The cost of gasoline, food, housing and other goods rose in May, driving U.S. inflation to 40-year highs, according to a report from the U.S. Department of Labor’s Bureau of Labor Statistics (BLS).
In May, the Consumer Price Index increased 1 percent, more than triple the .3 percent increase from March to April. Gasoline rose in May, along with the food index, which increased 1.2 percent.
The Federal Reserve, in early May, raised its benchmark interest rate by 50 basis points, the biggest rate hike in more than 20 years, to try and dampen spending to head off inflation. Typically, Fed rate adjustments happen in 25 basis point increments.
“Inflation is much too high and we understand the hardship it is causing. We’re moving expeditiously to bring it back down,” Fed Chairman Jerome Powell said at the time.
Based on the Fed’s prior statements, May’s BLS report indicated that a sharp increase in inflation will keep pressure on the Fed, which has meetings scheduled in June, July and September.
The report shows that nearly all prices increased over the month. However, the largest contributors were indexes for shelter, airline fares, as well as new and used automobiles. Indexes for medical care, home furnishings, recreation and apparel also jumped last month.
The index for dairy and related products rose nearly 3 percent — the largest monthly increase since 2007. Indexes for nonalcoholic beverages, cereals, and bakery products rose at least one and a half percent. The index for airlines increased 12.6 percent in May, while the index for used automobiles jumped 1.8 percent, and the index for new vehicles rose 1 percent.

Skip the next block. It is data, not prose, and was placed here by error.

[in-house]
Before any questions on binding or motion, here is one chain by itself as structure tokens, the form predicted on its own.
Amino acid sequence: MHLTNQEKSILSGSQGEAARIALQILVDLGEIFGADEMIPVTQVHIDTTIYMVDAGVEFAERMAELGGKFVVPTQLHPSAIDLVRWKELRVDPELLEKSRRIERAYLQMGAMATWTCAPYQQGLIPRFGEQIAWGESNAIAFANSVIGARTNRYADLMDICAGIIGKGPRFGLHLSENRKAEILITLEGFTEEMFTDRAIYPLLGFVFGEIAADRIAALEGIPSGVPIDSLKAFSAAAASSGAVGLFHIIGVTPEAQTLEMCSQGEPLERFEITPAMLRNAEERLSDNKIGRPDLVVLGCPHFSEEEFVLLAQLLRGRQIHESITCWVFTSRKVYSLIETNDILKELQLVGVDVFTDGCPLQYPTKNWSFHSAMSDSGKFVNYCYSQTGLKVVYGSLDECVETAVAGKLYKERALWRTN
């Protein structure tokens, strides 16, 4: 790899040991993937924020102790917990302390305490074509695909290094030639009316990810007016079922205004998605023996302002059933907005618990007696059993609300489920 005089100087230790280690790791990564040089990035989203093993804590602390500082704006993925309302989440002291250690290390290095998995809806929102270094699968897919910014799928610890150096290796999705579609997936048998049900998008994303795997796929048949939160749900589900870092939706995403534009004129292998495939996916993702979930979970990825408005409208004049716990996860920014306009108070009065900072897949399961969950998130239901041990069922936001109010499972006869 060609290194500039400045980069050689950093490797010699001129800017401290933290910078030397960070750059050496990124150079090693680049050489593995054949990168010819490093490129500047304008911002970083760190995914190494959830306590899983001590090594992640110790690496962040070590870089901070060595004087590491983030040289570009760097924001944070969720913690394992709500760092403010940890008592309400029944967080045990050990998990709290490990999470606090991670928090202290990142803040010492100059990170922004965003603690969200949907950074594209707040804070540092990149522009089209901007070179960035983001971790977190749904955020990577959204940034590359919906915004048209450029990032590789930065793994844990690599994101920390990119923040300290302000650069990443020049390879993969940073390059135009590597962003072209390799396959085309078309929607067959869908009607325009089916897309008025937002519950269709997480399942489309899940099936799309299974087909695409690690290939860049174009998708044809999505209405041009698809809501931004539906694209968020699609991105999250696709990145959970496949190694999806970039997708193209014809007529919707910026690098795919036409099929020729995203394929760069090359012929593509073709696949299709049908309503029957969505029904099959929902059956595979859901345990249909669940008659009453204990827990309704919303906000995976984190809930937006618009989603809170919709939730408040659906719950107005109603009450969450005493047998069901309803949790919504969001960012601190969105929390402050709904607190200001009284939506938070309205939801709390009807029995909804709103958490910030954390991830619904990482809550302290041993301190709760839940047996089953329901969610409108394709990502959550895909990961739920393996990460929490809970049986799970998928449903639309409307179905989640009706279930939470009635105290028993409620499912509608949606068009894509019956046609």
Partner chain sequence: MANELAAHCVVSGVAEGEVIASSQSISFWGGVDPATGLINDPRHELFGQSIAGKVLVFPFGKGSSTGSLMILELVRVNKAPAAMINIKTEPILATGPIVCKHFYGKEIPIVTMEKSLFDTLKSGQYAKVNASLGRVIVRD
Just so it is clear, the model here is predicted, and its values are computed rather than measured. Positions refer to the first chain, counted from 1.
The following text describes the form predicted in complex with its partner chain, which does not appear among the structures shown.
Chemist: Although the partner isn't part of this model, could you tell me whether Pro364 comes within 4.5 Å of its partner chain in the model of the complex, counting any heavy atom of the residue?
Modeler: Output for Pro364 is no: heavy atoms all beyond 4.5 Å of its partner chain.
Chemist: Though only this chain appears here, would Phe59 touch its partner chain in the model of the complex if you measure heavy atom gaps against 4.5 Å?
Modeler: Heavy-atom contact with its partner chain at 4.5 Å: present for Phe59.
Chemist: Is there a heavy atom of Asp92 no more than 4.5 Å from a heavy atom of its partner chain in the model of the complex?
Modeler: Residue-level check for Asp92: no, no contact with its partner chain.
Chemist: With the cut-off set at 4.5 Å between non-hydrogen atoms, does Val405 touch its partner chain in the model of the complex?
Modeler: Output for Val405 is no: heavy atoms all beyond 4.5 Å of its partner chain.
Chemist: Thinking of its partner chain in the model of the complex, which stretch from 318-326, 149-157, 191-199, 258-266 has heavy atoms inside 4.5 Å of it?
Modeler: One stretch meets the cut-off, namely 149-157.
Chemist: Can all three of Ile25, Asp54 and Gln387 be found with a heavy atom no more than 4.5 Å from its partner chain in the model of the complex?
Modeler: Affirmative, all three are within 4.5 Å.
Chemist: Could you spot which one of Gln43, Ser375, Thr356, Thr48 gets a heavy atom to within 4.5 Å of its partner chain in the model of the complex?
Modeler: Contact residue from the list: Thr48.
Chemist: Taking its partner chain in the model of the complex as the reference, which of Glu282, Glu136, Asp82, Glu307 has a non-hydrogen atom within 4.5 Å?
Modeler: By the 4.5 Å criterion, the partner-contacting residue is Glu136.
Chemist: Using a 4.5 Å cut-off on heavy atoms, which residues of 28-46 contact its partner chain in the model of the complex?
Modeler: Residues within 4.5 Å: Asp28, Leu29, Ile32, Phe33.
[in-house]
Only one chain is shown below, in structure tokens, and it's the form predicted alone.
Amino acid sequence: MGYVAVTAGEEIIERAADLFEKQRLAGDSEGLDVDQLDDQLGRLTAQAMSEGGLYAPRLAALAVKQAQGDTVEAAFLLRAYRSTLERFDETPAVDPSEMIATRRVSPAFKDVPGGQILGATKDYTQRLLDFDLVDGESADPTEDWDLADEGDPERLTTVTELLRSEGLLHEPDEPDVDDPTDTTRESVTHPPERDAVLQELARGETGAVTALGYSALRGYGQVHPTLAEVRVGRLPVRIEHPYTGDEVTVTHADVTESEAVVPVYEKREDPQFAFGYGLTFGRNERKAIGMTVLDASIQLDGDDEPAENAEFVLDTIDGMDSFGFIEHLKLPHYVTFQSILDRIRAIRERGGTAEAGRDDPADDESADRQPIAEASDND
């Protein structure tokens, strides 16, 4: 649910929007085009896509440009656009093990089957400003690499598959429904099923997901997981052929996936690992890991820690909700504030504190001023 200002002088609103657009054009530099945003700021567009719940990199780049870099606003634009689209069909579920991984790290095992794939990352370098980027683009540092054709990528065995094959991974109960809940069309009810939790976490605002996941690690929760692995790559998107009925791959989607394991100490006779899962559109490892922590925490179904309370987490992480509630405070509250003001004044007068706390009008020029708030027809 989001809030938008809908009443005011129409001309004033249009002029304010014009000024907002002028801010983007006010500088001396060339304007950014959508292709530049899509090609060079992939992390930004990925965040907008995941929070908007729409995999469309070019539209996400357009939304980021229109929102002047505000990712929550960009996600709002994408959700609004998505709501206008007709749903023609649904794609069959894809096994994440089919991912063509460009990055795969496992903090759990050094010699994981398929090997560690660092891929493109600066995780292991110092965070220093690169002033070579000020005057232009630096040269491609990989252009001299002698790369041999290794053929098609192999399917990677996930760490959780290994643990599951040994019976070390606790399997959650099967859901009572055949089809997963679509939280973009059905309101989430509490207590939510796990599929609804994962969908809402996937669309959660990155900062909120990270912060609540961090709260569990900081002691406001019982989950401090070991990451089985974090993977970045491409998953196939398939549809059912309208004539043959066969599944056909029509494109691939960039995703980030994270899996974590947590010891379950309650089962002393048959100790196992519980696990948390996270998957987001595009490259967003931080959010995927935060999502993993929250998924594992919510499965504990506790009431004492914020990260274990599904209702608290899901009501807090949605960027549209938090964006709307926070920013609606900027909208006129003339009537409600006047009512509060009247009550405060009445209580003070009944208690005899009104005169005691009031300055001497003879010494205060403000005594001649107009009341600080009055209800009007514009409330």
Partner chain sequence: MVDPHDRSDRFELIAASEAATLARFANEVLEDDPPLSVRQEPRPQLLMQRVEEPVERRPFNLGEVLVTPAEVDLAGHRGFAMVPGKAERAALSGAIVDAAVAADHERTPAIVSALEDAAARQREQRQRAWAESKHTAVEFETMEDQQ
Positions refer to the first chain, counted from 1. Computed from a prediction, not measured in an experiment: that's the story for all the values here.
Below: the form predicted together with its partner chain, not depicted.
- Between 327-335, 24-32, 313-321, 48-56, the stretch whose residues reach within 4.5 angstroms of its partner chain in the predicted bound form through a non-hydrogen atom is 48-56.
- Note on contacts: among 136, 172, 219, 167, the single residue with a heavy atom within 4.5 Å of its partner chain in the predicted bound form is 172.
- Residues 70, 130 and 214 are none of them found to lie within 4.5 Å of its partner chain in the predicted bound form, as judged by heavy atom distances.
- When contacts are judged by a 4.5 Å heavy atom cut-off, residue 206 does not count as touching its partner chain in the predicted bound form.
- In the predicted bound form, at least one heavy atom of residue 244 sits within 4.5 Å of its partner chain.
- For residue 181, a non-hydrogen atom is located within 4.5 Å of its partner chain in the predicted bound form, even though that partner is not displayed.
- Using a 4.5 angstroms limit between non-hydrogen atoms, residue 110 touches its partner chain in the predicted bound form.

Over the last year ending in May, total inflation is at 8.6 percent, which BLS says is the largest 12-month increase since the period ending December 1981. The energy index rose 34.6 percent over the last 12 months, reflecting what many Americans already know, as today the national average gas price is $4.986 per gallon, according to AAA. The energy cost spike in May is the largest single year increase since the period ending September 2005.
Itemized Cost Increases From May 2021 to May 2022
The report shows that over the last year:
- The cost of milk rose 15.9 percent
- Butter and margarine increased 20.2 percent
- Citrus fruits rose 16.1 percent
- Canned fruits and vegetables rose 12.1 percent
- Coffee increased 15.3 percent
- Fuel oil rose 106.7 percent
- Tools, hardware, outdoor equipment and supplies rose 11 percent
- Motor vehicle parts and equipment increased 15.3 percent
- Stationery, stationery supplies, and gift wrap jumped 14.3 percent
While the CPI for All Urban Consumers increased 8.6 percent over the last year, the CPI for Urban Wage Earners and Clerical Workers increased 9.3 percent. The CPI for Urban Wage Earners and Clerical Workers represents 29 percent of the total U.S. population and is based on households that meet two requirements: more than one half of the household’s income must come from clerical or wage occupations, and at least one of the household’s earners must have been employed for at least 37 weeks during the previous 12 months.